Marta Rojas was really good at narrating, with great enthusiasm and delight, and proved to have an outstanding memory. Marta Rojas was great at talking, writing, and leaving testimony. It was like she treasured a lot of stories and had the absolute need to share them all. She was always willing to dialogue. And the younger the audience, the better she felt. Her vitality was catchy as well as her desire to live. She arrived in places and everything livened up. Marta was a restless spirit. “You can lose a lot of thing with the passing of years, it is the law of live; but you cannot lose curiosity, your smile, and the capacity to love” — she told me once.
One day, before all of the aforementioned virtues blossomed, Alejo Carpentier described her as “a novelist by instinct.” He referred to that capacity to mix up unexpected events, with rhythm and skill, which were notable in her reports. Over the years, she confirmed such assessment of the famous writer. Such narrative strength in her journalistic career was cemented in her literary world. “I can accept that someone may not like the stories I tell, but I will never, not even by chance, bore those who choose to read me. A novel must have substance, but also spice” —she used to say.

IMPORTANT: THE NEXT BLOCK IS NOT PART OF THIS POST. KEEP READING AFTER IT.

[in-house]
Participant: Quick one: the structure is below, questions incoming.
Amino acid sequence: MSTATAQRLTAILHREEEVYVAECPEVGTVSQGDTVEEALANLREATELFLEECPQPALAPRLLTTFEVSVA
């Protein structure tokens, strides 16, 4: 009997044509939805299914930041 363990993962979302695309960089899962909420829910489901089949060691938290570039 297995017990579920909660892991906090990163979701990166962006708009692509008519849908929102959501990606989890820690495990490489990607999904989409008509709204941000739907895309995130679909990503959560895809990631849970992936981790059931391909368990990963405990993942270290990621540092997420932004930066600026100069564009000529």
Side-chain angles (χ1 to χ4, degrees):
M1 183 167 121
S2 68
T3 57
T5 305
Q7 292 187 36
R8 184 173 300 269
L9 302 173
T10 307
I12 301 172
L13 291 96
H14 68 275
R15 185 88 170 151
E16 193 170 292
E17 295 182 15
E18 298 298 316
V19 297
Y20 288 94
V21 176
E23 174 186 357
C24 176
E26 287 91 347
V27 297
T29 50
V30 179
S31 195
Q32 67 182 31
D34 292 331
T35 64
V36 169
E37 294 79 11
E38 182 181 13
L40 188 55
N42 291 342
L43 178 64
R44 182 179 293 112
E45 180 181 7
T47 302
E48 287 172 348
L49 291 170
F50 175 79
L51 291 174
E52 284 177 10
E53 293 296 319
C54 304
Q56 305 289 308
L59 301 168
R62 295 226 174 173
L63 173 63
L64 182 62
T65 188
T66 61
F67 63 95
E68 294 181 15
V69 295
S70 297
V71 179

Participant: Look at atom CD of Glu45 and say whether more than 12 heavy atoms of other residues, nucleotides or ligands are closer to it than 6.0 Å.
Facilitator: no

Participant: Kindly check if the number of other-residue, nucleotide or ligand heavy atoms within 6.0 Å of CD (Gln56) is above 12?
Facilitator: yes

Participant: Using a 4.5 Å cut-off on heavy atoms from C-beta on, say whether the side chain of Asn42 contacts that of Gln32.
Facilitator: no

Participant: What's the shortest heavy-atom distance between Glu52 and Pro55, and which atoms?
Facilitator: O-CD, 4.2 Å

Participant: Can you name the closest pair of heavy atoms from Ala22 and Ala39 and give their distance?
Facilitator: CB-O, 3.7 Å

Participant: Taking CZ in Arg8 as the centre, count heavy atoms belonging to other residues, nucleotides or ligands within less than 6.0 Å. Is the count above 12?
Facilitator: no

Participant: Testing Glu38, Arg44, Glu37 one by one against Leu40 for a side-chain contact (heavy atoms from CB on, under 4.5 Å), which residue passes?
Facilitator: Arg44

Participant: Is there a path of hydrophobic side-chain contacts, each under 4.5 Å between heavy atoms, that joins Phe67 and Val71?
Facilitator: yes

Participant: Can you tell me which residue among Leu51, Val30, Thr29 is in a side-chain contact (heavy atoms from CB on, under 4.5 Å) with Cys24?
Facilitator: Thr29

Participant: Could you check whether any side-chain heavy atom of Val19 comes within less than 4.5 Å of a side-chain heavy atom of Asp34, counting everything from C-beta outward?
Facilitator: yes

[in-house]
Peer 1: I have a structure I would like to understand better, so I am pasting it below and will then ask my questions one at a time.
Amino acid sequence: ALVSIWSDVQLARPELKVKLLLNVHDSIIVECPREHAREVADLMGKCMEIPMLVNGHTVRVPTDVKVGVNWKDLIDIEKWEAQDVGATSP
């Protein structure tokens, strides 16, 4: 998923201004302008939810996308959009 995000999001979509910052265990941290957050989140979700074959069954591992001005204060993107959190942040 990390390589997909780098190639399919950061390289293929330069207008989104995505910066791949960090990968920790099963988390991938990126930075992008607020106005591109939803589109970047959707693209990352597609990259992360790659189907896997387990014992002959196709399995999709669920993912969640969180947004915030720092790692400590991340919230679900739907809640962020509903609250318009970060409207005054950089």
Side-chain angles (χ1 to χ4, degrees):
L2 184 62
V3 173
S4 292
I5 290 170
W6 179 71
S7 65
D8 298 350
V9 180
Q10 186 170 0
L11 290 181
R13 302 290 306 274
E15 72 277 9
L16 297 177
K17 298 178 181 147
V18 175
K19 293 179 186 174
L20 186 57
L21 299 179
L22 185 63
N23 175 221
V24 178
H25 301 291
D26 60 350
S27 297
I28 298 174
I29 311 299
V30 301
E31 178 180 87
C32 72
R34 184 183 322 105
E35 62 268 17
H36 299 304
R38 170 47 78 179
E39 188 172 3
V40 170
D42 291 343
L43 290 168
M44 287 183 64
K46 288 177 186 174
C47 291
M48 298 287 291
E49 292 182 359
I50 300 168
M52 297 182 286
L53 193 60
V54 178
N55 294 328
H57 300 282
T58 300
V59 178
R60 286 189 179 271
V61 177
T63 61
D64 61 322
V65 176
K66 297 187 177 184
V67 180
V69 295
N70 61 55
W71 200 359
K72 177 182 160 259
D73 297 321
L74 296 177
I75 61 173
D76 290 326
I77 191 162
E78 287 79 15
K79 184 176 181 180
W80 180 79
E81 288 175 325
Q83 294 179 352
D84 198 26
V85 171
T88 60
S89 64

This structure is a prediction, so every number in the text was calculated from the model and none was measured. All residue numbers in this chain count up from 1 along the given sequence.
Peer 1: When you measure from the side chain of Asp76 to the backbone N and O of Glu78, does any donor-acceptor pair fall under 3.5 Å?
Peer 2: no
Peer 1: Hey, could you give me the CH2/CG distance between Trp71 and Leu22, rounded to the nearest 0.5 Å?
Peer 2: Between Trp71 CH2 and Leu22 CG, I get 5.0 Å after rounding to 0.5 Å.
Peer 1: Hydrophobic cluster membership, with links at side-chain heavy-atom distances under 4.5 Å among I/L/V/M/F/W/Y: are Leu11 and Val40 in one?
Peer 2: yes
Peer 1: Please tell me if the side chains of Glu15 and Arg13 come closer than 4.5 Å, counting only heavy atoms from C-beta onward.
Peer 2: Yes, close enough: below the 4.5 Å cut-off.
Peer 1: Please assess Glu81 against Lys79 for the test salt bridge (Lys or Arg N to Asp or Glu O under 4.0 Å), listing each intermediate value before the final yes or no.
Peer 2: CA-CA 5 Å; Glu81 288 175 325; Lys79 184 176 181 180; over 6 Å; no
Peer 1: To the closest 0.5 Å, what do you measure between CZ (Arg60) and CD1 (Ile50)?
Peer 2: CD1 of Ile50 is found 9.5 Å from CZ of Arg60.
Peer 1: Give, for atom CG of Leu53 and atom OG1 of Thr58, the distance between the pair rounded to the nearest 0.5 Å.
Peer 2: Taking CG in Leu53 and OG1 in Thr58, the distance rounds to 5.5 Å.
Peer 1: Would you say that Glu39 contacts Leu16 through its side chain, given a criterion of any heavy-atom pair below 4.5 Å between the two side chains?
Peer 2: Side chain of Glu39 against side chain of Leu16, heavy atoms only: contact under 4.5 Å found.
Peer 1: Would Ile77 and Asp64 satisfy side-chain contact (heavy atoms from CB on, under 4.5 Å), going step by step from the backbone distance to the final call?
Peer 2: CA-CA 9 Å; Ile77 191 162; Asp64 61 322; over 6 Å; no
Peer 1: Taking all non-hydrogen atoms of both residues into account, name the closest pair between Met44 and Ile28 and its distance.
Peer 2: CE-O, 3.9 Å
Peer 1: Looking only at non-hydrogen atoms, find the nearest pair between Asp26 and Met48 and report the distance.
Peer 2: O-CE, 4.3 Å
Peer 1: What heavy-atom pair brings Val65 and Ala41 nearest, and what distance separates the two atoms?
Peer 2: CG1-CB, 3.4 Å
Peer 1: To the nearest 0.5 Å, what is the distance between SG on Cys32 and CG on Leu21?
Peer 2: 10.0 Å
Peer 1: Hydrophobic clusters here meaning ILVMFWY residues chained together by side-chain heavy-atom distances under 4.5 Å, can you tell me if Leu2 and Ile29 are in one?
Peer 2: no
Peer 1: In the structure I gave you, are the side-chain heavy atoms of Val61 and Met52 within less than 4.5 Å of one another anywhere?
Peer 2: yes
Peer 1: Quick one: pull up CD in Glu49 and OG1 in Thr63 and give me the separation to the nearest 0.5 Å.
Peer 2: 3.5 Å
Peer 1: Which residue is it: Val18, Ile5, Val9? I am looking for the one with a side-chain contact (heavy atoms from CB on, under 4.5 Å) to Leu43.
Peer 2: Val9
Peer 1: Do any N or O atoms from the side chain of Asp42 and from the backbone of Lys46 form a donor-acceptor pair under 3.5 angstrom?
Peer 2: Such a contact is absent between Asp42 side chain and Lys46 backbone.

She was always interested in stories. The great story, that of nations, great events and individuals, and the peoples’ deeds. And the most intimate story, that of small passions and more or less personal initiatives. “The second —she stated— is usually the driving force behind the first one. It is the journalist’s job to find those bridges, motives.”
She was, to many, “the Moncada’s reporter.” There was coincidence in that circumstance, tricks of destiny: being at the right place at the right time. But it is not enough. You need to have determination, courage, common sense, intellectual skills, service vocation…She had enough of all of them. Her narratives about the attack and its consequences, the legal proceeding, protagonists, her personal assessment on the event significance…became major documents for the national historiography.
And not only the Moncada. Another milestone in her prolific career was her work in Vietnam in the middle of its war and the Revolution, an experienced that left profound marks on her. “Vietnam was a wakeup call for me in several aspects I did not care much about. Hence, I strengthened my hope in the human race and its resilience.”
Heroine of Labor of the Republic of Cuba, José Martí National Journalism Award, Marta Rojas was an undisputable symbol of Cuba’s journalism. She knew it, but she never boasted in so silly arrogance. “My job is to continue producing as long as I feel strong. And I always feel strong. I do not pay too much attention to my ailments. I am young because I feel young. And youth, somehow, may be also a choice.”
Translated by Sergio A. Paneque Díaz / CubaSí Translation Staff